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A new taxonomist-curated reference library of DNA barcodes for Neotropical electric fishes (Teleostei: Gymnotiformes)

Citation

Janzen, Francesco; Crampton, William; Lovejoy, Nathan (2022), A new taxonomist-curated reference library of DNA barcodes for Neotropical electric fishes (Teleostei: Gymnotiformes), Dryad, Dataset, https://doi.org/10.5061/dryad.msbcc2g17

Abstract

DNA barcoding is a useful tool for identifying species; however, successful barcode-based identification requires a reference library of barcode sequences from accurately identified specimens. Here we present a reference library of co1 barcode sequences for the Neotropical electric knifefish order Gymnotiformes (Teleostei: Ostariophysi), a model taxon for studies of tropical diversification and biogeography, genomics, behaviour, and neurobiology. Our library contains barcodes for 167 of the ca. 270 valid species of gymnotiforms derived from geo-referenced museum voucher specimens, and includes sequences from 26 type specimens and 21 specimens from type localities, most of which we collected. To assess the state of gymnotiform barcodes in two main public barcode repositories, GenBank and BOLD, we compared the barcodes in these databases to our reference library. Our analysis shows that a considerable proportion of gymnotiform barcodes in GenBank and BOLD are mis- or unidentified. We encourage taxonomists to develop and publish barcode reference libraries composed of carefully curated barcode sequences.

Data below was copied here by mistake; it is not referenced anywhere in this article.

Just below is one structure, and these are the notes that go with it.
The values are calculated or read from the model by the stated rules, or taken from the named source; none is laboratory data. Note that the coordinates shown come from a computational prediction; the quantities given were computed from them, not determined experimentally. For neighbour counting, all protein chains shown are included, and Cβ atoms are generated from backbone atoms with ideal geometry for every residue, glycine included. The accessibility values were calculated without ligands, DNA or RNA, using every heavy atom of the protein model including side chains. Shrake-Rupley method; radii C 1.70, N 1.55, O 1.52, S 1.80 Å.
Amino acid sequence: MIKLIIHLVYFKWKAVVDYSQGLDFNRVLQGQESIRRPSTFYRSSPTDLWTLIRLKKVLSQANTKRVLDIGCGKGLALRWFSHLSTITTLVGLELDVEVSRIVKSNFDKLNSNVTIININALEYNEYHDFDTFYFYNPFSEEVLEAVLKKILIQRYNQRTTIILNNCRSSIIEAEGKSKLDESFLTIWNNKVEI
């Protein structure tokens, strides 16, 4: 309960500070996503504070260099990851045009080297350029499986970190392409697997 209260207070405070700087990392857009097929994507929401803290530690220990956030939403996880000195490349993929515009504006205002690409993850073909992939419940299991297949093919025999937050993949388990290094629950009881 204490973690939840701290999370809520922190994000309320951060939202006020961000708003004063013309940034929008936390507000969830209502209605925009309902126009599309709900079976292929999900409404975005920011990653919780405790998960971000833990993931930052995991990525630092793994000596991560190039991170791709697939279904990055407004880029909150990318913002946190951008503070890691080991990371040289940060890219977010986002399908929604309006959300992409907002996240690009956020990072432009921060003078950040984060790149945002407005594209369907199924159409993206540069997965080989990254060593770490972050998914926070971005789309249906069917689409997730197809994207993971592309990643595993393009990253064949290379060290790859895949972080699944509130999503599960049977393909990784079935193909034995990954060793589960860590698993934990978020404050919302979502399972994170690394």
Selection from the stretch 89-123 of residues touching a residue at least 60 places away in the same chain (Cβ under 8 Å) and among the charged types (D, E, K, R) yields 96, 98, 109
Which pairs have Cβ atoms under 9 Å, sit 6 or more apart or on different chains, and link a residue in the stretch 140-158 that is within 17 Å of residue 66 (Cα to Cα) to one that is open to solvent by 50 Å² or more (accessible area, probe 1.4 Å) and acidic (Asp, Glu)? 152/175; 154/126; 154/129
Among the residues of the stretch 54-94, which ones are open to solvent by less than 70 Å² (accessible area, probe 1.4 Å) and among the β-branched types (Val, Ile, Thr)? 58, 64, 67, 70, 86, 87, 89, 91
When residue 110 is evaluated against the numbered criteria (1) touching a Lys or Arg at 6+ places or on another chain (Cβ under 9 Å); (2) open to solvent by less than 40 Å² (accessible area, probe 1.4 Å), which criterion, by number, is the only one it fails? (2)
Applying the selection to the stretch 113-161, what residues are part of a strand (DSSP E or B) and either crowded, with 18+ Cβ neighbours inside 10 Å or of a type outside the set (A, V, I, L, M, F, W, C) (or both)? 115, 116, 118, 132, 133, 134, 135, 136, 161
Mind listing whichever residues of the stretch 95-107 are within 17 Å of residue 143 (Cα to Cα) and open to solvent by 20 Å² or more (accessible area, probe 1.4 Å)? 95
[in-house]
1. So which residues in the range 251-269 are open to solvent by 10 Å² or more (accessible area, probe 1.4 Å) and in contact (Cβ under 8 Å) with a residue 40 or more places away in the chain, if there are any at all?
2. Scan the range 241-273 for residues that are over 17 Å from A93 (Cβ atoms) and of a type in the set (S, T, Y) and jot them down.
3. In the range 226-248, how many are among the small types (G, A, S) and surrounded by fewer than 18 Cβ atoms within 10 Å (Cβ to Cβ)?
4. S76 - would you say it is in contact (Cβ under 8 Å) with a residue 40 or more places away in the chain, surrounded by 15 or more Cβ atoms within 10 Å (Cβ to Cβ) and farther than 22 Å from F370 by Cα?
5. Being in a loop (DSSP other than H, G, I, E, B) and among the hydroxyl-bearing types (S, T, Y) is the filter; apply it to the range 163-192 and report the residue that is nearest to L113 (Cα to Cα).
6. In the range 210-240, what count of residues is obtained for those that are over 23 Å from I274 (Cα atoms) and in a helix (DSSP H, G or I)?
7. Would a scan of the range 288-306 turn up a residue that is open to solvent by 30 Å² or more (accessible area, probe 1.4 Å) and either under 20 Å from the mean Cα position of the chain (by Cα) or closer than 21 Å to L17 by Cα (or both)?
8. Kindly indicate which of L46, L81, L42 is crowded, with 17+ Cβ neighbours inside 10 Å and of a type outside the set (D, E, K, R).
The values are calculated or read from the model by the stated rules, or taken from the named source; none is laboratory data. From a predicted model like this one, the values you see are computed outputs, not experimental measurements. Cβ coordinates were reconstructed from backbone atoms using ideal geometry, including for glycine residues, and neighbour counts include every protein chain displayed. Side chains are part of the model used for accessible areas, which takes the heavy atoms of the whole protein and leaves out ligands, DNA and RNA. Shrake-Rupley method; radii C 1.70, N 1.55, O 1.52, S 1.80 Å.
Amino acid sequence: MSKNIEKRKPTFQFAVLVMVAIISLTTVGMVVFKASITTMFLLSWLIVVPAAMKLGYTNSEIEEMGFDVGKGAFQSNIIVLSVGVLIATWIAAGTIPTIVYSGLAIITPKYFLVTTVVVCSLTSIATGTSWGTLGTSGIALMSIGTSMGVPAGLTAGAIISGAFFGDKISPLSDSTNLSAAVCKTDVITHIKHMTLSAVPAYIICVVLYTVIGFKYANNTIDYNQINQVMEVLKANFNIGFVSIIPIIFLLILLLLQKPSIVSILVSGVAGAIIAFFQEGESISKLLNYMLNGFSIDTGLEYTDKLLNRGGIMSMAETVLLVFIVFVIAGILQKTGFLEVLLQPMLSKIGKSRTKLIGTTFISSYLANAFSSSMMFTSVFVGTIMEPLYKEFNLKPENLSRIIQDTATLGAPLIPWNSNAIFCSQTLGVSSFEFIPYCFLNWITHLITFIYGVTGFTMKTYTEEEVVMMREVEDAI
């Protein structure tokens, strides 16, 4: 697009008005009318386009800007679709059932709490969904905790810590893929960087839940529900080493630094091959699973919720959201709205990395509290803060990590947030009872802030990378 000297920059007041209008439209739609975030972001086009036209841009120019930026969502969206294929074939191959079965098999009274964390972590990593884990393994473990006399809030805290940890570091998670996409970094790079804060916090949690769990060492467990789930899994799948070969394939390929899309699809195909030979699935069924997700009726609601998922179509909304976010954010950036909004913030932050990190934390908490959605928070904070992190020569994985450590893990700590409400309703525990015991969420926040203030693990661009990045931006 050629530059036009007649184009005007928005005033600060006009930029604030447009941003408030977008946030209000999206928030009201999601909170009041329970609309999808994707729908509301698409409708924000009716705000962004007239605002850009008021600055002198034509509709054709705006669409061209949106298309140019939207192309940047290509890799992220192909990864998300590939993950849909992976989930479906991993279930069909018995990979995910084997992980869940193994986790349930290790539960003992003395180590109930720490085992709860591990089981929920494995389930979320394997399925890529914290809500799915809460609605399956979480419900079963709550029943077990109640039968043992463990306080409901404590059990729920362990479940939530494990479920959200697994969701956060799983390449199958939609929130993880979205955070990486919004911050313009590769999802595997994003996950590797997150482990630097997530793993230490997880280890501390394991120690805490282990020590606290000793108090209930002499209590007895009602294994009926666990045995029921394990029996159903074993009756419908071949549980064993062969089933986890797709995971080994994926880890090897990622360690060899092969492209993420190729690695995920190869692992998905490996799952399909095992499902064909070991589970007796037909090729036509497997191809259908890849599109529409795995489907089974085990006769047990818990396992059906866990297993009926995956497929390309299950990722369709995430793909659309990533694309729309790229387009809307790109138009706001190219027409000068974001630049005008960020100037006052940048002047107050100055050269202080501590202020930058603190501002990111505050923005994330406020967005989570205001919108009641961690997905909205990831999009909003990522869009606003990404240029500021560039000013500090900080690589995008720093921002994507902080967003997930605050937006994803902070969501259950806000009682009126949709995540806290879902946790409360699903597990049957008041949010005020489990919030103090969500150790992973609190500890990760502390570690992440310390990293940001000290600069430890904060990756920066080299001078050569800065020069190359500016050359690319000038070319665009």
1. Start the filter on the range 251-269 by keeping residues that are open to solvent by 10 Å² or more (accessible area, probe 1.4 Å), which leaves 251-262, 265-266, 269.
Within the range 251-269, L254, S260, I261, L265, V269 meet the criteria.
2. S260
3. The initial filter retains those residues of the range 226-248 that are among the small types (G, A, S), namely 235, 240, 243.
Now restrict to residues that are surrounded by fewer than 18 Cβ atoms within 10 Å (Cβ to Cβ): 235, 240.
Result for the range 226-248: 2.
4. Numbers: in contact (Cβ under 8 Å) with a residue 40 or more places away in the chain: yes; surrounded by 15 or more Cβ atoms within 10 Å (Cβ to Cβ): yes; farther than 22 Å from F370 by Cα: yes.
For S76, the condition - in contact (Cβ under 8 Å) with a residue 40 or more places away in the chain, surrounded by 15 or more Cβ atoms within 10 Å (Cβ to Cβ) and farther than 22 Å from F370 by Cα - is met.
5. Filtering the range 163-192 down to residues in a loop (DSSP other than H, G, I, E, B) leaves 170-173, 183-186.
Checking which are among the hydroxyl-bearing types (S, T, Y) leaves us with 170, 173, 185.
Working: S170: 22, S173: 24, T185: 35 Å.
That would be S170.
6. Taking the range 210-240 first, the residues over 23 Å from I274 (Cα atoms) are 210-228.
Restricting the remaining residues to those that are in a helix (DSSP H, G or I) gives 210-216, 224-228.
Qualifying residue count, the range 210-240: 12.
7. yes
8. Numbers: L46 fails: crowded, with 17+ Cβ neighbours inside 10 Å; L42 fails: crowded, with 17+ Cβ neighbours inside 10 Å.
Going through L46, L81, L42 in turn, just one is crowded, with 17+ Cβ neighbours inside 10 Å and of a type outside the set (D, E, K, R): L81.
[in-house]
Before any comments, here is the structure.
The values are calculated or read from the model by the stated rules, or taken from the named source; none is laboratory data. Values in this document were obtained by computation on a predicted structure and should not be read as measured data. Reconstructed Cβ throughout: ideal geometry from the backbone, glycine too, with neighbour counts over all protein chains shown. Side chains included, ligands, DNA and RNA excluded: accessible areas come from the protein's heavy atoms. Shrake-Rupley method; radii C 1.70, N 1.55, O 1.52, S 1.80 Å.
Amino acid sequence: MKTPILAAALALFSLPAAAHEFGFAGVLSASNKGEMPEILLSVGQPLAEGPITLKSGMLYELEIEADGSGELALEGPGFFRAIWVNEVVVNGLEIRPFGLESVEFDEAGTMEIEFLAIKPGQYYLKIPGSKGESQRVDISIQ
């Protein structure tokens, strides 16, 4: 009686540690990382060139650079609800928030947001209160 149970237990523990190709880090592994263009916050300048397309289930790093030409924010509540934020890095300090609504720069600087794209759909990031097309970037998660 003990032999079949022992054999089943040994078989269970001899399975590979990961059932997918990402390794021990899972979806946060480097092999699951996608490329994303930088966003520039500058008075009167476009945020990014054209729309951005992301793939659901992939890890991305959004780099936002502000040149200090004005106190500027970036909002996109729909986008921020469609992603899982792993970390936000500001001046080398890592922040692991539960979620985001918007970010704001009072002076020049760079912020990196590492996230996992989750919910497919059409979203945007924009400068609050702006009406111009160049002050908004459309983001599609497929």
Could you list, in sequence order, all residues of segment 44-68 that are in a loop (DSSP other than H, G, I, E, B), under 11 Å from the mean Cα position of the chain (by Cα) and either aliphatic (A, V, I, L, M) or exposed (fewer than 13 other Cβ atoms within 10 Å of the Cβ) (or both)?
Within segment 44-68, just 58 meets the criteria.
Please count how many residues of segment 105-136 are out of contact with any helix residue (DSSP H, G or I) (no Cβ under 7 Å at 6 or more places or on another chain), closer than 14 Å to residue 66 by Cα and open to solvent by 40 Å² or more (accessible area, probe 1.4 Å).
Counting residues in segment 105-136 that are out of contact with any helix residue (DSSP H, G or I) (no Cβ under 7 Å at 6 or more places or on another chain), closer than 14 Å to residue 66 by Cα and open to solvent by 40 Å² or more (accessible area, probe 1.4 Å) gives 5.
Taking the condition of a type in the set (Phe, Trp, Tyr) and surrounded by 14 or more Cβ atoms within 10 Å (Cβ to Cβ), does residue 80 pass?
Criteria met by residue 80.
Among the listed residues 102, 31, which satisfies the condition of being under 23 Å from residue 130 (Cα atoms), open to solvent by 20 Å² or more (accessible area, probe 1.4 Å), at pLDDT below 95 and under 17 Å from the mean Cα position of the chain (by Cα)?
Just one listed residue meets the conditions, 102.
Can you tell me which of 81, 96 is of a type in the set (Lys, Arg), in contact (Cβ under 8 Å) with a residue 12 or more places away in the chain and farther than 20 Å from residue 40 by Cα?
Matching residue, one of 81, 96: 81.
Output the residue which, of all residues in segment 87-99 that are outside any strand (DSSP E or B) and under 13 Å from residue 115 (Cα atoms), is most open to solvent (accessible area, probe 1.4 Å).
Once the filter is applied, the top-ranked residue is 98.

Methods

We built the Gymnotiformes Barcode Reference Library using representative barcode sequences for as many described species as possible. We used specimens from the type series of each species when possible; if not, we preferentially selected specimens from (within ca. 10 km) or near (within ca. 500 km) the species type locality. We used tissues from voucher specimens deposited in museum collections. Specimens were identified using diagnostic keys and species descriptions from the primary taxonomic literature (reviewed by Ferraris Jr. et al., 2017; Fricke et al., 2022). We extracted DNA from each specimen from muscle or fin tissue, and then amplified and sequenced co1 for each specimen.

Funding

Natural Sciences and Engineering Research Council of Canada

National Science Foundation, Award: DEB-0614334

National Science Foundation, Award: DEB-1146474